Simplified Jim Lahey NYT No Knead Bread Technique

Simplified Jim Lahey No Knead Bread

When someone comes to me asking how to get started with making bread I usually point them to Jim Lahey’s no-knead bread technique which was made famous in the New York Times, video link here. It is a dirt simple way to get tasty bread which most of the times comes out looking nice. However one potentially daunting part of it is the use of a dutch oven preheated to 500 degrees that one has to put the dough into. I was discussing this with my neighbors as a great thing to do with kids but the dutch oven step had me concerned. I therefore decided to try it with cold metal bowls and cookie sheets instead. As you can see above and below my first try didn’t come out perfect but I think it came out well enough to document it here.

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Sourdough Starting Restarting

As a software engineer I know that having backups is important in case things are accidentally deleted or destroyed I also know that testing backups is an important thing to do. Simply having it doesn’t count. For my sourdough starter that I’ve been keeping going for over a decade and that the neighbor who gave me some has kept going since the mid-70s the fear of accidentally killing it means that it gets a backup. The backup is in the form of drying it out and storing it like that. I did this several years ago with mixed success. Now that I have a food dehydrator I have a much better backup. It’s so good that some friends want some for themselves to get started with sourdough. I therefore have decided to document the process of reactivating the dried starter. This whole process takes 4-5 days to go from dried flakes to making a fully raised real loaf of bread.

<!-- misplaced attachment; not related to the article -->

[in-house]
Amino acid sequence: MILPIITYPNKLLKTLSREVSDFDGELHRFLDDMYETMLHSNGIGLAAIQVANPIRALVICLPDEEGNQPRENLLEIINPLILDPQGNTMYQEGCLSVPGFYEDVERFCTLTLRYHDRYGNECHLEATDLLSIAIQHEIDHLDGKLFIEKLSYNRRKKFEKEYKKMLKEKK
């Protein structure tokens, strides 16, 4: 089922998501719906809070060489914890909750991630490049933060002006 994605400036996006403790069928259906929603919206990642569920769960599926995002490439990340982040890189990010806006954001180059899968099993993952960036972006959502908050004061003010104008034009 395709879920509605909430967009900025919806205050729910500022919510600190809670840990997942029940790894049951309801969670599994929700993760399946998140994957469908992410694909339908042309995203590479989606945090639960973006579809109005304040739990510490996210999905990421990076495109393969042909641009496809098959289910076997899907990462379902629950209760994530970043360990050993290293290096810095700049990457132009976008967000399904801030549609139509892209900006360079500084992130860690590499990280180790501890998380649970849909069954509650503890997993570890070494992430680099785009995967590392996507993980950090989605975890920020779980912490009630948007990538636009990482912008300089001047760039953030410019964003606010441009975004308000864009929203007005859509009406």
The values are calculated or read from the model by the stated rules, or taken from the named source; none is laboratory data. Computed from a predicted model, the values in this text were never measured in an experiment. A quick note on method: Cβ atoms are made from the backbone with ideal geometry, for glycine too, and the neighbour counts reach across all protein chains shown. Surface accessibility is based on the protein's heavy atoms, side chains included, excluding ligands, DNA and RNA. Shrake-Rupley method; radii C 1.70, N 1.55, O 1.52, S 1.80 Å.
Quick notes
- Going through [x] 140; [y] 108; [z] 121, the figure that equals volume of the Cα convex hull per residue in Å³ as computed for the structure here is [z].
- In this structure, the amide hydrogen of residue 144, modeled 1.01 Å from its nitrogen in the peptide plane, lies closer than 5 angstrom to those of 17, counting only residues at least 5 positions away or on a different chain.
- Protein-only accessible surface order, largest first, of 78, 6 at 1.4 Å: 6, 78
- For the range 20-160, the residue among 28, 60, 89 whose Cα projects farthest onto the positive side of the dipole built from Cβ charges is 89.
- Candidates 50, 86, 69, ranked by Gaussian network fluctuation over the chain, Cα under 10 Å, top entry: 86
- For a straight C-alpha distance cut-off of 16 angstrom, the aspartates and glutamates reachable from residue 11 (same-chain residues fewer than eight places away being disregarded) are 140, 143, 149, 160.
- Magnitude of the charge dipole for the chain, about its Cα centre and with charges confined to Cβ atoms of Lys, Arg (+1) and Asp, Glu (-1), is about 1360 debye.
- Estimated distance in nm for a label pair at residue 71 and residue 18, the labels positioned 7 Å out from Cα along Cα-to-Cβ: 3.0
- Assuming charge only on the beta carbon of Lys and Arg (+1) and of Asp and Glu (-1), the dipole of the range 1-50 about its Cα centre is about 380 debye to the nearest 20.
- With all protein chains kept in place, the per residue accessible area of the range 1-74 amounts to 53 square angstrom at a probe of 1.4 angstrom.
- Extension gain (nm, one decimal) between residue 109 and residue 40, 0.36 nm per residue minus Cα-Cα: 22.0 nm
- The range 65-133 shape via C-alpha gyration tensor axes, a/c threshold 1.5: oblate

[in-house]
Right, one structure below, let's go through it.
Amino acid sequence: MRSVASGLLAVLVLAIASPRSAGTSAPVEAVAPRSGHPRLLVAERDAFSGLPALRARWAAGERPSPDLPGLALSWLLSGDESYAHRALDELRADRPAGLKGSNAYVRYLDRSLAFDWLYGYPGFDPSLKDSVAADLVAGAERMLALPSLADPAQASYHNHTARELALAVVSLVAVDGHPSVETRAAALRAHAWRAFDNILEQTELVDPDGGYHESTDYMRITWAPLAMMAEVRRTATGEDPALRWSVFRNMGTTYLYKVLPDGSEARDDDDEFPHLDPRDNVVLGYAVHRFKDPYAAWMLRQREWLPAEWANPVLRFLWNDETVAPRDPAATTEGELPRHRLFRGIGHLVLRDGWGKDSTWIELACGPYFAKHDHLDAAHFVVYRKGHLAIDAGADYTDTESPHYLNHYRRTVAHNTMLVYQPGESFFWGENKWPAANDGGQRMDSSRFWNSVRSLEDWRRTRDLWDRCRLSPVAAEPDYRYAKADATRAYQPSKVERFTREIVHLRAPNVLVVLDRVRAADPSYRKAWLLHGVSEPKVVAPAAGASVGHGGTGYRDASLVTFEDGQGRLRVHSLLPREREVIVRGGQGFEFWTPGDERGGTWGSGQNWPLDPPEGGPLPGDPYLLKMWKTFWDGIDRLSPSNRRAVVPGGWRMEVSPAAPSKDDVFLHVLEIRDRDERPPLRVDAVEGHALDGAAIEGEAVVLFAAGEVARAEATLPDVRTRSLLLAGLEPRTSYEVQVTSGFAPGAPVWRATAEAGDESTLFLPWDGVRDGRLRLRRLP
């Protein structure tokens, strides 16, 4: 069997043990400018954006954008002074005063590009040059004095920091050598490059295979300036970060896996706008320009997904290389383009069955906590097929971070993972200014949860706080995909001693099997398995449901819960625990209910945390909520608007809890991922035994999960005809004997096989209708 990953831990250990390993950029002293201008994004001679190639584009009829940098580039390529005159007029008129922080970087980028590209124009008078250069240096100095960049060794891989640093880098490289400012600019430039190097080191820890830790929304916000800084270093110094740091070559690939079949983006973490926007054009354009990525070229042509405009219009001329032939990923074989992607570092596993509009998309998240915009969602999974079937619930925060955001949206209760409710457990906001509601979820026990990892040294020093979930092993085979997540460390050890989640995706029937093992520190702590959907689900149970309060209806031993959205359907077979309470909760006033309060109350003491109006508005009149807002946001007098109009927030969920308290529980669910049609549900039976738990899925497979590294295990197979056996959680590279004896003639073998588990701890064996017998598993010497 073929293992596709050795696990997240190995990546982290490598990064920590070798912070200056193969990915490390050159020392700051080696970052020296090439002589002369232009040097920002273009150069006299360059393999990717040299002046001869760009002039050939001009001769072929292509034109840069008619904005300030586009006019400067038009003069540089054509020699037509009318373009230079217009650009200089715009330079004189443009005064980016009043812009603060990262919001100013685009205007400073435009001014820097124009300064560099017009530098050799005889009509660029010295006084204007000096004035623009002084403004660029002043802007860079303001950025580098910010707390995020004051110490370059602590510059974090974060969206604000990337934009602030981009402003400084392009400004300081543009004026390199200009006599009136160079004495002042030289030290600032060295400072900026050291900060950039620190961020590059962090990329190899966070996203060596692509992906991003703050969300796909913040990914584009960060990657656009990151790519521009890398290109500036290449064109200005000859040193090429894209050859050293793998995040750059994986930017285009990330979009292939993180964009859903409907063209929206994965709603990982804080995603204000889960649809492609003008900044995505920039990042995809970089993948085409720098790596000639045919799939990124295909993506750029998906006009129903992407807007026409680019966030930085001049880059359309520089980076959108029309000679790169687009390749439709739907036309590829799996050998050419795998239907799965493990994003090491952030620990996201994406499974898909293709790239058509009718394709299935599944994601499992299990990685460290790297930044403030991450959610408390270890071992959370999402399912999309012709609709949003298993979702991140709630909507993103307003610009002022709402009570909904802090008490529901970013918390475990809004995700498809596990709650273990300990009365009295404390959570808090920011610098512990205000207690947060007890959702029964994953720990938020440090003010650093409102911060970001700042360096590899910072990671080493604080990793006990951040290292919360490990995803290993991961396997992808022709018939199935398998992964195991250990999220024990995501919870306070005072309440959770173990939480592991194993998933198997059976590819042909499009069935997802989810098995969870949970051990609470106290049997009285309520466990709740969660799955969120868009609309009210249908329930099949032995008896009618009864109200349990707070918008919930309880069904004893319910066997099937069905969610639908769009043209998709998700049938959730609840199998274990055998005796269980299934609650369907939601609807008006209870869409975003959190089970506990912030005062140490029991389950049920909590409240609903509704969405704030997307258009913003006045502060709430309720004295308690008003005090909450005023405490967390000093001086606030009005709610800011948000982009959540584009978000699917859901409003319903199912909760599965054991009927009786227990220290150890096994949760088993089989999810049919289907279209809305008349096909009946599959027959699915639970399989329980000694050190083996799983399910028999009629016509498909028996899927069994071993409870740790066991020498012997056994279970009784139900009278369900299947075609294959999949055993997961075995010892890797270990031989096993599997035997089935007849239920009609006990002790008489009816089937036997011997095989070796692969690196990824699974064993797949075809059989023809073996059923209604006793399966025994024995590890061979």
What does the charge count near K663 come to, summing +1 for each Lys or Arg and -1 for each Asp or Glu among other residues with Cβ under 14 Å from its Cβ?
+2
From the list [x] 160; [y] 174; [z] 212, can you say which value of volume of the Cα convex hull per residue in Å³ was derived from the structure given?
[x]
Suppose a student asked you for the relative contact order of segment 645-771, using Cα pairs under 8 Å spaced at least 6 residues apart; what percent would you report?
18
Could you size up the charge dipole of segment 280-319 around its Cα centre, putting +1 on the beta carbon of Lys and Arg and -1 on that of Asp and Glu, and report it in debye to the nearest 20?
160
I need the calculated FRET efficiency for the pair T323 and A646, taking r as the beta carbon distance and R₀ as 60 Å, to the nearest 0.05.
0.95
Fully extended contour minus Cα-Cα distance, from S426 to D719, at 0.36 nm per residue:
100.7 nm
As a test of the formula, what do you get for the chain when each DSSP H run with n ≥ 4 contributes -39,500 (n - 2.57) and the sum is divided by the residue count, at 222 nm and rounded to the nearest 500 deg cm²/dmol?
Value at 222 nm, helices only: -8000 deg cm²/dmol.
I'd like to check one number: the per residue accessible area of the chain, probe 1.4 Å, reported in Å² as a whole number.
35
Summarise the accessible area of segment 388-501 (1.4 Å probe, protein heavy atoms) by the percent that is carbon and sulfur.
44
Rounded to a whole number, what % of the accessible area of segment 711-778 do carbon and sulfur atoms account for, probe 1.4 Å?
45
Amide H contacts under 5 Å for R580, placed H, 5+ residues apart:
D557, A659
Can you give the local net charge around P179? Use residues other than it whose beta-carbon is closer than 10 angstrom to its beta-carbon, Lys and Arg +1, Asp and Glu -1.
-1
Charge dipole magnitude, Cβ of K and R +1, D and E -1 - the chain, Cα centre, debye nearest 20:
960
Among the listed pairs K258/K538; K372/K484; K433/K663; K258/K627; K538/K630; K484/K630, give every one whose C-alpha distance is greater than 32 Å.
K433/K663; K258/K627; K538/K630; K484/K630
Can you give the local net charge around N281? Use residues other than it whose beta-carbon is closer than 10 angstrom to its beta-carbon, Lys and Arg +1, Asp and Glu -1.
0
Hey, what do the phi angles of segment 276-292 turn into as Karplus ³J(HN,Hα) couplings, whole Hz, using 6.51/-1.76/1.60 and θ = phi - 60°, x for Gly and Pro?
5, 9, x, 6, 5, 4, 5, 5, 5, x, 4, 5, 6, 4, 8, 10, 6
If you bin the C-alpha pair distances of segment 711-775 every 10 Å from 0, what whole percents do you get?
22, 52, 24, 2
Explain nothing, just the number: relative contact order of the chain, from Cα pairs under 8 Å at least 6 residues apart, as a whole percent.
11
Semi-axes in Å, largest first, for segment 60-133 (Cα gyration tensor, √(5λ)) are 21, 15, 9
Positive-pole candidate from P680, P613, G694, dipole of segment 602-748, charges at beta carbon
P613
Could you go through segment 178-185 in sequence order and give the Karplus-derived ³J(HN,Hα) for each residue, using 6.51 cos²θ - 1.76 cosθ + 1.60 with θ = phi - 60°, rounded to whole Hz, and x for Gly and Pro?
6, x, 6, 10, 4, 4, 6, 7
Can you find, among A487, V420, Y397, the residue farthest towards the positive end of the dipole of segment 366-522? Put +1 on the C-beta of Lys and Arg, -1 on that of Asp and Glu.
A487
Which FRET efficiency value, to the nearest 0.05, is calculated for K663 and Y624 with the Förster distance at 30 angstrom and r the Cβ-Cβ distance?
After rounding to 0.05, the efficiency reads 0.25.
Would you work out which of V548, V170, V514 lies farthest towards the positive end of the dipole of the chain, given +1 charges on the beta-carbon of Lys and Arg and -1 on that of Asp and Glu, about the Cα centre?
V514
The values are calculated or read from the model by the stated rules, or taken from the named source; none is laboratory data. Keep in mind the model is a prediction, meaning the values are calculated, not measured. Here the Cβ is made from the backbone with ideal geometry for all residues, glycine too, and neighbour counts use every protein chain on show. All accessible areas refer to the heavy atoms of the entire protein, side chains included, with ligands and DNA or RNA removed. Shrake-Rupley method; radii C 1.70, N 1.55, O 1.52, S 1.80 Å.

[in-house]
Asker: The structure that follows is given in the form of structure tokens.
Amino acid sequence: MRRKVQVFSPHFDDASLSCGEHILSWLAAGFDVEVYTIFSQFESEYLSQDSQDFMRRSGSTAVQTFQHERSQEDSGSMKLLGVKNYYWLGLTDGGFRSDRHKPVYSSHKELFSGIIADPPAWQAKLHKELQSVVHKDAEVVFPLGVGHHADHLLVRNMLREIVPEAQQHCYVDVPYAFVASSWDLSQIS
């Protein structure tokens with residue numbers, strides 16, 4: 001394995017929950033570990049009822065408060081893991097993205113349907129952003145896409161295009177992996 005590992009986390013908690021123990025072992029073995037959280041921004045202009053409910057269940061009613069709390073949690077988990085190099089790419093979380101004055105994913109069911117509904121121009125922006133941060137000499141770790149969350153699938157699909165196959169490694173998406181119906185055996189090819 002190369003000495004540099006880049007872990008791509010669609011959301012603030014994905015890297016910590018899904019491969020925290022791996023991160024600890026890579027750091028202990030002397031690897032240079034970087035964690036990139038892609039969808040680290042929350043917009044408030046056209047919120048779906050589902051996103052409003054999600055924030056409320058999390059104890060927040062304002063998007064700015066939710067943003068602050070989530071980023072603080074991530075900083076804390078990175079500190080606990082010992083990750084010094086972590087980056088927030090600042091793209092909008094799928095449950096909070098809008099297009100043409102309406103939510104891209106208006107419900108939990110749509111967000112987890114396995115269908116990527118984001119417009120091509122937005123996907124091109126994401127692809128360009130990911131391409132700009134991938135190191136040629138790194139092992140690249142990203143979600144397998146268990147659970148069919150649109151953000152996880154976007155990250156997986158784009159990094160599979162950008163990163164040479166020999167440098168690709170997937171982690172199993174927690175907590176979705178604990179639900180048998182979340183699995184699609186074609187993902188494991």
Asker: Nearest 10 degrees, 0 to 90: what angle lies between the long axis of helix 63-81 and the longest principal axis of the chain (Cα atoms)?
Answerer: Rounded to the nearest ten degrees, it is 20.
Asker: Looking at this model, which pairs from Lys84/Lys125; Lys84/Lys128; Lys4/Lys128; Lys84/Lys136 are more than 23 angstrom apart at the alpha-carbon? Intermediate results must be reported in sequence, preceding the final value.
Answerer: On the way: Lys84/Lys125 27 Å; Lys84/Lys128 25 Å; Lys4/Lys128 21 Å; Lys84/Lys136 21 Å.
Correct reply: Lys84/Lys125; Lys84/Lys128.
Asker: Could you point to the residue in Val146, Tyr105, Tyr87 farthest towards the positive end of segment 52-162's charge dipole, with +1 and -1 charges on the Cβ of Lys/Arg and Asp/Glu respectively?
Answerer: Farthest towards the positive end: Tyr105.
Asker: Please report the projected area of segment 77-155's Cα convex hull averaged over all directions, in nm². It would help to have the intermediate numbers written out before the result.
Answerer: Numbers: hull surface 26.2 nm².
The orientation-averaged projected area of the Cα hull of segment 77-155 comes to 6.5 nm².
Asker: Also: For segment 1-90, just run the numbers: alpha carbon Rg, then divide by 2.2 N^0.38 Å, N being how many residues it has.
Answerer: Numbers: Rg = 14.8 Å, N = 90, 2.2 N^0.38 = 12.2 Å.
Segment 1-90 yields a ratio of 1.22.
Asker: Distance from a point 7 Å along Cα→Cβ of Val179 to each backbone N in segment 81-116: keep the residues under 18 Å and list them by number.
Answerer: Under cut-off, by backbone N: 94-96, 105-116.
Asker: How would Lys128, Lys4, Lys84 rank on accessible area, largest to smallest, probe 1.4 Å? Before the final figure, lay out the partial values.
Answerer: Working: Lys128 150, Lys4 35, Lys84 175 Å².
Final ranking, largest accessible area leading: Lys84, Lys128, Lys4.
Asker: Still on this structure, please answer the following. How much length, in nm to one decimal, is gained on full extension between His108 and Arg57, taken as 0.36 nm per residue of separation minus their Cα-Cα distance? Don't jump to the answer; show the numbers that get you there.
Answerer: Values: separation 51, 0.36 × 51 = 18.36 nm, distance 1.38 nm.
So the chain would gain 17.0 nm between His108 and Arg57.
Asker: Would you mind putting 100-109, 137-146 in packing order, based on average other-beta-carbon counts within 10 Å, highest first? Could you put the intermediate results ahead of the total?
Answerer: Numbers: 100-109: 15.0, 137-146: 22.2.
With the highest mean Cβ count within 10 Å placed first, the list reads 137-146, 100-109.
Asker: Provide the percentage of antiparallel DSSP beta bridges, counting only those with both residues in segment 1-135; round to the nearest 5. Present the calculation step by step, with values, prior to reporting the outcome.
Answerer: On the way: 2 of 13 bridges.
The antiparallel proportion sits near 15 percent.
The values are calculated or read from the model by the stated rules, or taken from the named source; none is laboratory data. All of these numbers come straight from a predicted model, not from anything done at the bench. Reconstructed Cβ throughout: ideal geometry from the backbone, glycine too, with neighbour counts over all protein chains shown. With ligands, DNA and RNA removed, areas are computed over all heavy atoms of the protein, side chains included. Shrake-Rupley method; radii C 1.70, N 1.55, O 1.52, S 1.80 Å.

Tartine loaf from restarted starter

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Sourdough Discard Individual Roll

Sourdough starter discard individual roll

While sourdough discard can be used for many purposes from English Muffins to pancakes to pizzas, sometimes I just want to use it up quickly and easily and no fuss. I do this by using all of the starter to make a sourdough roll. This won’t be the sexiest best roll you’ve ever had but it is tasty and is the equivalent of a “one pot” past recipe but for sourdough bread.

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Rumford's Soup: Filling and hearty, Yes, but nutritious and tasty too?

Rumford's Soup

I’m making my way through my podcast backlog (now down to “just” 25 hours) from the oldest to the latest episodes for a change. Buried in the backlog was this Gastropod Podcast episode on the history of potato usage in food history. It is the usual combination of history with some tasty tidbits. One apparently not so tasty tidbit was the use of the potato in what’s called Rumford’s Soup. This split pea, barley, and potato soup was designed as food for the poor and imprisoned in Germany by Sir Benjamin Thompson. Their contributor described it as having “mixed” reviews. It’s intended purpose was to feed these masses but Thompson himself thought it being tasty was important and believed that it was. What’s the real scoop on it? I decided to make a batch myself and look at it’s nutritional viability using my trusty

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Fighting Bloat With the V Language

V Language Logo

One of my chief gripes about modern development is the disk and memory bloat that so often seems to come with modern tool chains. I like having access to cross platform managed languages like Kotlin and C#. I appreciate but don’t love the language offerings for doing the same things with JavaScript and TypeScript. These languages though are positively bloated compared to old fashioned C and C++. Is that just the price of doing business? I used to think so until recently. A few weeks ago OSNews posted this story on a new OS called Vinix which is trying to write a whole OS in a language called V, in the same way that Redox is trying to do it with Rust. I never heard of the language but became intrigued with an initial look. The more I read about it and begin experiments with it the more I like.

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